A dog doesn't graduate from the crate when alone until he has proven himself trustworthy in the house. The dog becomes trustworthy in the house by (1) prevention of developing bad habits, and (2) training by the owner.

I never said, implied, or even thought that the crate did the training all by itself. :}
Canine Action Dog Trainer
http://www.canineaction.com
My Kids, My Students, My Life:
http://hometown.aol.com/dfrntdrums/myhomepage/index.html
I also don't subscribe to the theory that it prevents ... inevitable, or "managed" the dog & situation in the meantime.

A dog doesn't graduate from the crate when alone until he has proven himself trustworthy in the house. The dog ... by the owner. I never said, implied, or even thought that the crate did the training all by itself. :}

You have said and implied that the crate has a hand in the training and I maintain that it doesn't. The crate, wrt to housetraining & destructive habits, has absolutely no training base at all. Its a management tool and that's all it'll ever be. There is no training going on either from the crate, from the owner (who is likely absent) or in any other manner.
Keeping a dog from being able to commit mischief isn't training, its keeping the dog from being able to creating mischief. The dog doesn't know it can't do something or that something is unwanted if its not first allowed to attempt the mischief and be corrected for it.

Tara
You have said and implied that the crate has a hand in the training and I maintain that it doesn't.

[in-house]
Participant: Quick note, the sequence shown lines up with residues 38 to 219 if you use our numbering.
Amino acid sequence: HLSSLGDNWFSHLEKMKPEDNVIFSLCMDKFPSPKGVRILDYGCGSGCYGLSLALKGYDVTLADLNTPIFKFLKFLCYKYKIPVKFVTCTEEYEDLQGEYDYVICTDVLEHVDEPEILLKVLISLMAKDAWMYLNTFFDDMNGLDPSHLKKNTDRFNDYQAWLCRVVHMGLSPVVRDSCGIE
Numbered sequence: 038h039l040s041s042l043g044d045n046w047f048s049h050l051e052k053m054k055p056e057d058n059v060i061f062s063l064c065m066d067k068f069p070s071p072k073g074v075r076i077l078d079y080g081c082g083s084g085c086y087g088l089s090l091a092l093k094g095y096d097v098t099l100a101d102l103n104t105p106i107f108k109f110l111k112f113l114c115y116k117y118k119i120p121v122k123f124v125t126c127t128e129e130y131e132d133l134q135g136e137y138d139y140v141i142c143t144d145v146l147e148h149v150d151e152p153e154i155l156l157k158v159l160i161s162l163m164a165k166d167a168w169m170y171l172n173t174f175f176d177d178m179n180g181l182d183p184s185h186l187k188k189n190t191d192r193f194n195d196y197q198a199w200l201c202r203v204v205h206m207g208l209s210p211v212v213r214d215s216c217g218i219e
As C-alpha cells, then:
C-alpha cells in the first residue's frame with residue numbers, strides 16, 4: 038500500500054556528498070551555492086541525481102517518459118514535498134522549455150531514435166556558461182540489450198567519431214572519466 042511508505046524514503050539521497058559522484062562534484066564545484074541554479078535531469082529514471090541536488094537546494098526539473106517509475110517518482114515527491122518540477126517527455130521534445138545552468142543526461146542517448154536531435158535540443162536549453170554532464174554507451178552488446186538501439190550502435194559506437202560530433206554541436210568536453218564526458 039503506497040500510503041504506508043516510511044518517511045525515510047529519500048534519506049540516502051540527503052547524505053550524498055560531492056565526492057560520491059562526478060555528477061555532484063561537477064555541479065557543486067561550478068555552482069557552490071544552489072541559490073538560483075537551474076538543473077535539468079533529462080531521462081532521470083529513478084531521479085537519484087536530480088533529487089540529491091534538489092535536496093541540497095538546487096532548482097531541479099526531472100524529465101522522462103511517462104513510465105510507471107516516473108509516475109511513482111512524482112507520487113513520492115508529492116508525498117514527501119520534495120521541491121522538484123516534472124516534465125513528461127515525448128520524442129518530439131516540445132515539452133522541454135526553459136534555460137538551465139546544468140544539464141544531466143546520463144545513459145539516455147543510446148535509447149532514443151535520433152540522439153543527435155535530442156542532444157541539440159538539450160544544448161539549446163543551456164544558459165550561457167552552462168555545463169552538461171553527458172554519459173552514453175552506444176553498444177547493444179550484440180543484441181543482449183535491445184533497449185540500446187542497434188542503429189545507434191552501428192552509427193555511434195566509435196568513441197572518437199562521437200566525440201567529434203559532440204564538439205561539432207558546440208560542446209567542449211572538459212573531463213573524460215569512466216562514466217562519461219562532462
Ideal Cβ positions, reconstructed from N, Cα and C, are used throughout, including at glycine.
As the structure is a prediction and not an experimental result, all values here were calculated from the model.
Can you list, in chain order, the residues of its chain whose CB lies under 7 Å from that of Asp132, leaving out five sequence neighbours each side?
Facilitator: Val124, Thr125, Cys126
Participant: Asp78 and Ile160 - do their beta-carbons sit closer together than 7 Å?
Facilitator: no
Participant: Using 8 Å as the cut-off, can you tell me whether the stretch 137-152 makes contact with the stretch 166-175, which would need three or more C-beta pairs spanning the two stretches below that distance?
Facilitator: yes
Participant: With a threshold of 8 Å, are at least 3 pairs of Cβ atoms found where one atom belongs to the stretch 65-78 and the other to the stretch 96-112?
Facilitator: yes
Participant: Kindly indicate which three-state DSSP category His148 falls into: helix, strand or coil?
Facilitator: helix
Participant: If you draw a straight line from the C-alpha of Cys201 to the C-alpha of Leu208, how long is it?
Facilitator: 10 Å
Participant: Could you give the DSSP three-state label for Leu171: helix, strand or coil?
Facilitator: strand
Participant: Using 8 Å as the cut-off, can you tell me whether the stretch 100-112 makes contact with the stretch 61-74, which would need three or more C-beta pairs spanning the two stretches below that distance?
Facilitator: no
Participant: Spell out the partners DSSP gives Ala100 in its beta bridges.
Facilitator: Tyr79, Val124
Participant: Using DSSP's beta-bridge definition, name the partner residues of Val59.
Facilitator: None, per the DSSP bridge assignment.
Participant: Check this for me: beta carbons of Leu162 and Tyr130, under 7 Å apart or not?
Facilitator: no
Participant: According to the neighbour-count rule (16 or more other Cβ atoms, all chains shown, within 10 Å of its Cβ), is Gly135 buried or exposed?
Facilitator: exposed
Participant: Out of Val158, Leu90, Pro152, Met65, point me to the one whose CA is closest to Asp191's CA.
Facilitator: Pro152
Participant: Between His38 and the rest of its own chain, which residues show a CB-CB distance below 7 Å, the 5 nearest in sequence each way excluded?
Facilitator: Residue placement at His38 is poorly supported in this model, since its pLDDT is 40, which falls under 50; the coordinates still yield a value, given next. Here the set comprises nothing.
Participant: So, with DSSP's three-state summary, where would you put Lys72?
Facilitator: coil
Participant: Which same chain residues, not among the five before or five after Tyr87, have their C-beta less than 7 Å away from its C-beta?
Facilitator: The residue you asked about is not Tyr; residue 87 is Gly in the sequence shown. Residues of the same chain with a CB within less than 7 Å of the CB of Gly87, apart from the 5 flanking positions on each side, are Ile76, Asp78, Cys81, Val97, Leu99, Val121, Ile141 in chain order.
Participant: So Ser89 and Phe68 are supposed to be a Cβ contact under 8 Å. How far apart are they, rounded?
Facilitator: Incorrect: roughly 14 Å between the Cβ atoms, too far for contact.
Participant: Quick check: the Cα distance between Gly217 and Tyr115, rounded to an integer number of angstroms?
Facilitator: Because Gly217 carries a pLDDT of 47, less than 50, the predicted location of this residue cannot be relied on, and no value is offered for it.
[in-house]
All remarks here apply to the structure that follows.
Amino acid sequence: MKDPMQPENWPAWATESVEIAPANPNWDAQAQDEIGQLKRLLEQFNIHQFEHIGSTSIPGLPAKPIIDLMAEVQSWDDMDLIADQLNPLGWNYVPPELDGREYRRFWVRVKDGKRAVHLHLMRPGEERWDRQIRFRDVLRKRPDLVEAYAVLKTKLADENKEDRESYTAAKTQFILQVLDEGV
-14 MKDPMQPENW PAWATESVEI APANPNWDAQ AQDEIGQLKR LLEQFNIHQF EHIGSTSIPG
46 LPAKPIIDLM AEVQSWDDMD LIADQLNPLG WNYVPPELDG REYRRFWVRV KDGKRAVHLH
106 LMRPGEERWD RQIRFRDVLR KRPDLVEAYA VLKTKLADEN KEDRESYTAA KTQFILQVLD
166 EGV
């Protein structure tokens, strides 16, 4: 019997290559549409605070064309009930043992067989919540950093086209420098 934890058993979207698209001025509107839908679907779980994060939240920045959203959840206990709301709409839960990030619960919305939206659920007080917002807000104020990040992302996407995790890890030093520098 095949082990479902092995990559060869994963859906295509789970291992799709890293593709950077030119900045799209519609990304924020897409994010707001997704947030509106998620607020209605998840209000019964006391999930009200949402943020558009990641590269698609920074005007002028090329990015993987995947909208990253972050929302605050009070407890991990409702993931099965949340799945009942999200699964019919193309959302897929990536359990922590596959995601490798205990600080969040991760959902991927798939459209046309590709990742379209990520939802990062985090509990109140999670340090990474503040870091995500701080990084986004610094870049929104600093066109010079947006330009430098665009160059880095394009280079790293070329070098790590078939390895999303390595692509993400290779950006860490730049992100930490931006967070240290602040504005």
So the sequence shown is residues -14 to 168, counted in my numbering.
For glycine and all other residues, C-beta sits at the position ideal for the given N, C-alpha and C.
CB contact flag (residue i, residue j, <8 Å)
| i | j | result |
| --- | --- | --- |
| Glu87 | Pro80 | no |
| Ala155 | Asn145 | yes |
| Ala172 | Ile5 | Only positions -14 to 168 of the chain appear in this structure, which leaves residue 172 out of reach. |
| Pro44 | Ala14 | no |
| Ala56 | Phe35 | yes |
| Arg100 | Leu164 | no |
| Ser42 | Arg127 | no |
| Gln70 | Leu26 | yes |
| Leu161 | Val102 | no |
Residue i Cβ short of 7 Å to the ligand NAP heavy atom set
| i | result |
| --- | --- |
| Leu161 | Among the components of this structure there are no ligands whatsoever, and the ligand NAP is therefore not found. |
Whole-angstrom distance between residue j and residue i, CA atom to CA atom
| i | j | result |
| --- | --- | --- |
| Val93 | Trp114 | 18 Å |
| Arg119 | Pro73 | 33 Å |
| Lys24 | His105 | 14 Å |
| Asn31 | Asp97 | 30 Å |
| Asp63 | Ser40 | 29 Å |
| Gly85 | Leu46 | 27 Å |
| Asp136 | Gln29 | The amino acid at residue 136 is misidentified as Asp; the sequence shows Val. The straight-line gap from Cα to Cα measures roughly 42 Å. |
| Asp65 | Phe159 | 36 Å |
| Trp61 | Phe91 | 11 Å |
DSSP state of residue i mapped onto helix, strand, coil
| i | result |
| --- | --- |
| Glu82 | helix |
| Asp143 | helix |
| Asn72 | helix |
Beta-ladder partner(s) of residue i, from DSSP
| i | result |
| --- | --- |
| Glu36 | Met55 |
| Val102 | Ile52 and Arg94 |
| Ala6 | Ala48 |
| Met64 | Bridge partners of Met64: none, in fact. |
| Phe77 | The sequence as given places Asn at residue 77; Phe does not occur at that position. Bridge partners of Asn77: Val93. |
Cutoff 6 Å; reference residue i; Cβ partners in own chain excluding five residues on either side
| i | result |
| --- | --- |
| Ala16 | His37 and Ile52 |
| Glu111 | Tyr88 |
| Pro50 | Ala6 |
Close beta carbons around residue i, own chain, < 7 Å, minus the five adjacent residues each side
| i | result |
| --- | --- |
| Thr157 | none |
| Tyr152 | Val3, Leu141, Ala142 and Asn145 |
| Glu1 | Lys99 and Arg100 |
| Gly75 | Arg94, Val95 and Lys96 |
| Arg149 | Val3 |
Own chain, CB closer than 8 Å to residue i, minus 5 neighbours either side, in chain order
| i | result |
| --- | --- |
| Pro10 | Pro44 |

Without a crate (or proper confinement), a new dog is very likely to engage in inappropriate behavior when alone. With a crate (or proper confinement), the dog is not likely to engage in inappropriate behavior when alone, because he isn't given the chance.
If the dog engages in inappropriate behavior, and there is nobody around to correct him, then that inappropriate behavior can very easily become a habit that will have to be broken.
If the dog does not engage in inappropriate behavior except for when there is somebody to interrupt it and offer an alternate appropriate behavior, he will not develop the habit of engaging in that behavior.

Without the crate (or proper confinement), training is harder because there is a great likelihood of having to break preventable bad habits that developed while the dog wasn't supervised.
So in that way, the crate may not be a Training Tool in the most literal sense of the term, but it does assist greatly with the training process.

The crate, wrt to housetraining &
destructive habits, has absolutely no training base at all.

The crate does not train the dog to do* anything (which I said now about 4 times). Not only that, but the crate does not *train* the dog to do anything (maybe a different emphasis will help). And on the other hand, a *crate will not train the dog to do anything.
However, a crate (or proper confinement) does assist greatly with the training process.